6. Are there any other real battery experts around here, from within the industry? I was myself an alleged 'battery expert' in an electricity research establishment, but what we need here is a real expert.

Any thoughts welcome.
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Old Jun 2, 2009, 8:48 PM   #2
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I won't claim to be a 'real expert', but have picked up bits of knowledge here and there.
Primary Li cells, as used in watch batteries, etc., have a cell voltage of 3v, and shelf life of 5-10 years ( as claimed by mfr,though I have seen some in service a memory backup which are approaching 15years).
Lithium AA cells must have something added to reduce the cell voltage, and this may reduce shelf life and possibly service life as well. (though the Energizers I have on hand have use by dates of 10 years in future) ((will have to wait and see))
Haven't disassembled CR-V3 to look at, but it would be my guess that it would be simpler to make a 3v single cell, than to put together two AAs. (cheaper to make, and sell for more - who would do it the other way?)
My Minolta D7hi which only sees occasional service now, was manufactured in 2003 and still maintains settings, even though I store it without batteries. I did get the CCD replaced last year, and the service facility may have replaced the internal cell, though it wasn't noted on the service report.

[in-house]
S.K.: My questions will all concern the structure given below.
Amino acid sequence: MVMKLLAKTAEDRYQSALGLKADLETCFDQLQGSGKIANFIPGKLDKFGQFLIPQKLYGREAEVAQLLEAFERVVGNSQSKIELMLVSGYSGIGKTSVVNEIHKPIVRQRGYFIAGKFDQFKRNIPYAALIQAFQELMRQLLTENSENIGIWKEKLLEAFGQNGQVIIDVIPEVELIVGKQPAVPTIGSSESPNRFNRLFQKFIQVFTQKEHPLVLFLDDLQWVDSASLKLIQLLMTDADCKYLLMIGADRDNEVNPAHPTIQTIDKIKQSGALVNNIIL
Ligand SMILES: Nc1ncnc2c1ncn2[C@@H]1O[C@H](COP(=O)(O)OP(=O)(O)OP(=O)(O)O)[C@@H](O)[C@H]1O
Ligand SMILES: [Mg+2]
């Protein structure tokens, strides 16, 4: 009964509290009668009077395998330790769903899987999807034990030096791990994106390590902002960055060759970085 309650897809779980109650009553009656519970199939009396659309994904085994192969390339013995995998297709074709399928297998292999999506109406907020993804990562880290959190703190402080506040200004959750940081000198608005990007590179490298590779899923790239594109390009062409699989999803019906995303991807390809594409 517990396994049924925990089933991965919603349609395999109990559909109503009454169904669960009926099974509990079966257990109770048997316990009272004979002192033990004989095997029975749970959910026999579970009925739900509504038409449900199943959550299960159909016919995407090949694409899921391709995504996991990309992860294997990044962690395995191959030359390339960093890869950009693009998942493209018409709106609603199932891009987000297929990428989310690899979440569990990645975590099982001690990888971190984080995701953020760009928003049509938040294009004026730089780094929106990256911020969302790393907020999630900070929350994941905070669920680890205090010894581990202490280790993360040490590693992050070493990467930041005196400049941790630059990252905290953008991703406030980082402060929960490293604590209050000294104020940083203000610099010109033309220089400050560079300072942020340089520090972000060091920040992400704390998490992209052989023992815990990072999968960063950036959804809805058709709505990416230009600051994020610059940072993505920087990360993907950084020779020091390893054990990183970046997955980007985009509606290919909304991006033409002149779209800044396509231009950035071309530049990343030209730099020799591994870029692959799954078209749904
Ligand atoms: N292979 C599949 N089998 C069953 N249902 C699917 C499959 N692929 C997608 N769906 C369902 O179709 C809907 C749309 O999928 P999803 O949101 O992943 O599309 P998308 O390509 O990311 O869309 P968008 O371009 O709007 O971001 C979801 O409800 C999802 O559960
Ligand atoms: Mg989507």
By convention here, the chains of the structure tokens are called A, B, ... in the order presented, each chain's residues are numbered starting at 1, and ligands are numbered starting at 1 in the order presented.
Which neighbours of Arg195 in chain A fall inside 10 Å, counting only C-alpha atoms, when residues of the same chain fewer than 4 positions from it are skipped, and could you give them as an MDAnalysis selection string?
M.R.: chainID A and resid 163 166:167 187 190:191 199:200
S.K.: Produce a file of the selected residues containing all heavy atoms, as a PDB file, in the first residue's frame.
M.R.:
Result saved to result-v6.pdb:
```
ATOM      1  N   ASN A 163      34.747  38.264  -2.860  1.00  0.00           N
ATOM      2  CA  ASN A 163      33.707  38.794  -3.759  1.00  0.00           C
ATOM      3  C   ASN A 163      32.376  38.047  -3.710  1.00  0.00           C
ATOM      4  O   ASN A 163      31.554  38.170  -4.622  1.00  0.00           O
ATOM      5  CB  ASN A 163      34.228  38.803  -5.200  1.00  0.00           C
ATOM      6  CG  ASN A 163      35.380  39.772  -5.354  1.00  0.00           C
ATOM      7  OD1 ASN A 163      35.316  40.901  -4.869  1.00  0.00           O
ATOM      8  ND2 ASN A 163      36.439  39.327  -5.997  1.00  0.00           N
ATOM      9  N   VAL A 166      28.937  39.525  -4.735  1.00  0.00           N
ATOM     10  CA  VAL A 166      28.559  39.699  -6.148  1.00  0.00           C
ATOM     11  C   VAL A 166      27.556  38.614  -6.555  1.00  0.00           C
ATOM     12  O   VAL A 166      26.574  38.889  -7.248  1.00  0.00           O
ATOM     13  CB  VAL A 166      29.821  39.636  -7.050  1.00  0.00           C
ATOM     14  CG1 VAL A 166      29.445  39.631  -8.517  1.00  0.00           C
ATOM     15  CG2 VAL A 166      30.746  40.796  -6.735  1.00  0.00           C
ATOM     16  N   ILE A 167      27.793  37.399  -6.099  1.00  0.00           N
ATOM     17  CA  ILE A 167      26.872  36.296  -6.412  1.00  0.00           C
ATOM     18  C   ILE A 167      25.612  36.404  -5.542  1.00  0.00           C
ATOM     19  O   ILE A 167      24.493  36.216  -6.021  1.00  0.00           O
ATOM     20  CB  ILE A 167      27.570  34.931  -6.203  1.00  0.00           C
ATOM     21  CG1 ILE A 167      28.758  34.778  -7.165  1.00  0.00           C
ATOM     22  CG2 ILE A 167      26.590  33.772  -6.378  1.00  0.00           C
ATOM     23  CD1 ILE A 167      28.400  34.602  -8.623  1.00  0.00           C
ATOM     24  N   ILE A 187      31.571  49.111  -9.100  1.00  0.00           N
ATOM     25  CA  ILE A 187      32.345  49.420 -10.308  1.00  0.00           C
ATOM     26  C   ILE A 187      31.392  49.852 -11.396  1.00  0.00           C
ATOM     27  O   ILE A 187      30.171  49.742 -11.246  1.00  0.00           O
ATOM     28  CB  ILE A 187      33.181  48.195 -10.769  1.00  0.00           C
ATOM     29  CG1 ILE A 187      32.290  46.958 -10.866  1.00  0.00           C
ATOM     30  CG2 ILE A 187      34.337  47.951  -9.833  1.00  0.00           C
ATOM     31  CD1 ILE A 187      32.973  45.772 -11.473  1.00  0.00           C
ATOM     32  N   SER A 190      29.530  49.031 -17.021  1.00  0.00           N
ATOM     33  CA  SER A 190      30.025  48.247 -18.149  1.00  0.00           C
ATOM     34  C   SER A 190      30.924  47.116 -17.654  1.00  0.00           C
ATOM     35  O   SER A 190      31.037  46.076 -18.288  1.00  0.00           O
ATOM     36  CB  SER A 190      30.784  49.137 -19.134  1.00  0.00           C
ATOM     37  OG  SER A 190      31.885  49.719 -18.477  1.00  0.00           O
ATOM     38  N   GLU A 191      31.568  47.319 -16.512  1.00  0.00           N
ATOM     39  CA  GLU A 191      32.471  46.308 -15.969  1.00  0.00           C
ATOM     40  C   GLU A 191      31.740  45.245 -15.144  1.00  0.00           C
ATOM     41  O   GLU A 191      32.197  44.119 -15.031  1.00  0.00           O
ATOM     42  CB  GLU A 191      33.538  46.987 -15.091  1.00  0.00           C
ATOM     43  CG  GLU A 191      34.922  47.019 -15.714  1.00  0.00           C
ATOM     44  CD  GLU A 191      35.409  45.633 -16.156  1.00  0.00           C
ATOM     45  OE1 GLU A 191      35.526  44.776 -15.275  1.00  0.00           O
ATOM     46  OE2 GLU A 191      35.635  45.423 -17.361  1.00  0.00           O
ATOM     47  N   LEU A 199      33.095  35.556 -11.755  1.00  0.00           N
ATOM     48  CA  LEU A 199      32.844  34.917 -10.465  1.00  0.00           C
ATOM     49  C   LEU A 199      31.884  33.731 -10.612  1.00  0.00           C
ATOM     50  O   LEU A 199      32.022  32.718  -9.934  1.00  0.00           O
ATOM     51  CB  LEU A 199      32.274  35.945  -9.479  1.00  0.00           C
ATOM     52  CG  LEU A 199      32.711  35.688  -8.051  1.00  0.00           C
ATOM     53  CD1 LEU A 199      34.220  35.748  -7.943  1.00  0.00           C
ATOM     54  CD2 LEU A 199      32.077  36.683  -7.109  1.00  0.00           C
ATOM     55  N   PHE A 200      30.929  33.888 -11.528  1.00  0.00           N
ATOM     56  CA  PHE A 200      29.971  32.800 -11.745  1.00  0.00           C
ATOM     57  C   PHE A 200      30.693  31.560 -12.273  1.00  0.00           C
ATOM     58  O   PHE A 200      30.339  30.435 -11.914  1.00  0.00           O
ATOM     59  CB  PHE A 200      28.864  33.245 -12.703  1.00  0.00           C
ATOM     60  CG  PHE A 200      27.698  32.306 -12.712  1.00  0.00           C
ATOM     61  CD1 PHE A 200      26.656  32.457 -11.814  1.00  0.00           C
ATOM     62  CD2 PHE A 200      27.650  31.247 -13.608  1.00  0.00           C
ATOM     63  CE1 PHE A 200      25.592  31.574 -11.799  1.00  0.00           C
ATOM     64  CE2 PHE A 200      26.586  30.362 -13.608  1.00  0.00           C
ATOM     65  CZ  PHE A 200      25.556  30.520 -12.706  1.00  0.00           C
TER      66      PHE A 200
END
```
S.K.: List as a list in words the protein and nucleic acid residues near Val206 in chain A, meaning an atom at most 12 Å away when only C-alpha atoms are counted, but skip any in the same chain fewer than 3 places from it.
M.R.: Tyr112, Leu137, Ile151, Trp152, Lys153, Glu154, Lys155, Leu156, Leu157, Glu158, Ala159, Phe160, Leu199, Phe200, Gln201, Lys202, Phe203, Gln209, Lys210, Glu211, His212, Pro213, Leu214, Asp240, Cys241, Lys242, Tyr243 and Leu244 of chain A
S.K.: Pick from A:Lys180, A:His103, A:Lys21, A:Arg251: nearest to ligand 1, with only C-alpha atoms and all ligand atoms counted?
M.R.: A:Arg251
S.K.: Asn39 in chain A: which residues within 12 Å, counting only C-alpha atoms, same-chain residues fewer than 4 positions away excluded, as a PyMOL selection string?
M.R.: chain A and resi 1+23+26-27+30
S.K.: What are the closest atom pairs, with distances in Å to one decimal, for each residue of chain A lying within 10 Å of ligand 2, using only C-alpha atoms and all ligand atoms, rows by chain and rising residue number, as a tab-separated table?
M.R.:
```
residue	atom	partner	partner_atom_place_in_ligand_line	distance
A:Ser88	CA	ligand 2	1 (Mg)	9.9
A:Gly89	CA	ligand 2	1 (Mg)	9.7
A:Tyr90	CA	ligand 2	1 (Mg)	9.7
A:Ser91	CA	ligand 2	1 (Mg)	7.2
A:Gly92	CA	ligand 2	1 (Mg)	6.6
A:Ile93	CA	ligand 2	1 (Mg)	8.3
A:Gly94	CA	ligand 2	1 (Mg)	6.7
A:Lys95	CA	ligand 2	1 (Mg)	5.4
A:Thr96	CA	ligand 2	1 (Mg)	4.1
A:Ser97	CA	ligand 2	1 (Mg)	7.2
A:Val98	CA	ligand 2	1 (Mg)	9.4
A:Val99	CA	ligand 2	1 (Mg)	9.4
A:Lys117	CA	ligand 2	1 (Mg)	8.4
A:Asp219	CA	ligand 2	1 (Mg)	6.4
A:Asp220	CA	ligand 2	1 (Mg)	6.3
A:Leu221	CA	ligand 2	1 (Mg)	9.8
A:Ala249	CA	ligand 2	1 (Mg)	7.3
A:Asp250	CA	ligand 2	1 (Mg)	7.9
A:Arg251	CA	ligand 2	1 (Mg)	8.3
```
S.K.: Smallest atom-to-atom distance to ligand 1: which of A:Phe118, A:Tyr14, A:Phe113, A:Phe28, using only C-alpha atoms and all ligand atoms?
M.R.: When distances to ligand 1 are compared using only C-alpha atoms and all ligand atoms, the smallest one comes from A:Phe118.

One could probably find much of this information on the web. I occasionally try this, but, still being on dial-up, I find waiting for pages to load too time consuming unless the information is vital.

brian
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Old Jun 3, 2009, 3:11 AM   #3
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Quote:
Originally Posted by VTphotog View Post
...One could probably find much of this information on the web....
You're right Brian, and Wikipedia does indeed have a very good article....

http://en.wikipedia.org/wiki/Lithium_batteries

You've tactfully reminded me to read it and do my homework properly, thanks! However, it doesn't address my specific questions about whether there's a manufacturing issue of some kind.

Quote:
...Primary Li cells, as used in watch batteries, etc., have a cell voltage of 3v, and shelf life of 5-10 years .....Lithium AA cells must have something added to reduce the cell voltage, and this may reduce shelf life and possibly service life as well.
The Wikipedia article says 'Energizer Li' use iron sulphides as cathodes in organic solvents, which give the right voltage range (about 1.5) because of the chemistry, so no reduction is necessary. Reduction is necessary in rechargeable Li-ion CRV3 batteries intended for 2xAA 3V cameras, in case the native 3.8-4.2V of that chemistry inflicts damaging overvoltage. [Li-ion batteries aren't lithium batteries at all; the lithium ions are just current carriers in the reversible oxidation of transition metals salts.]

Quote: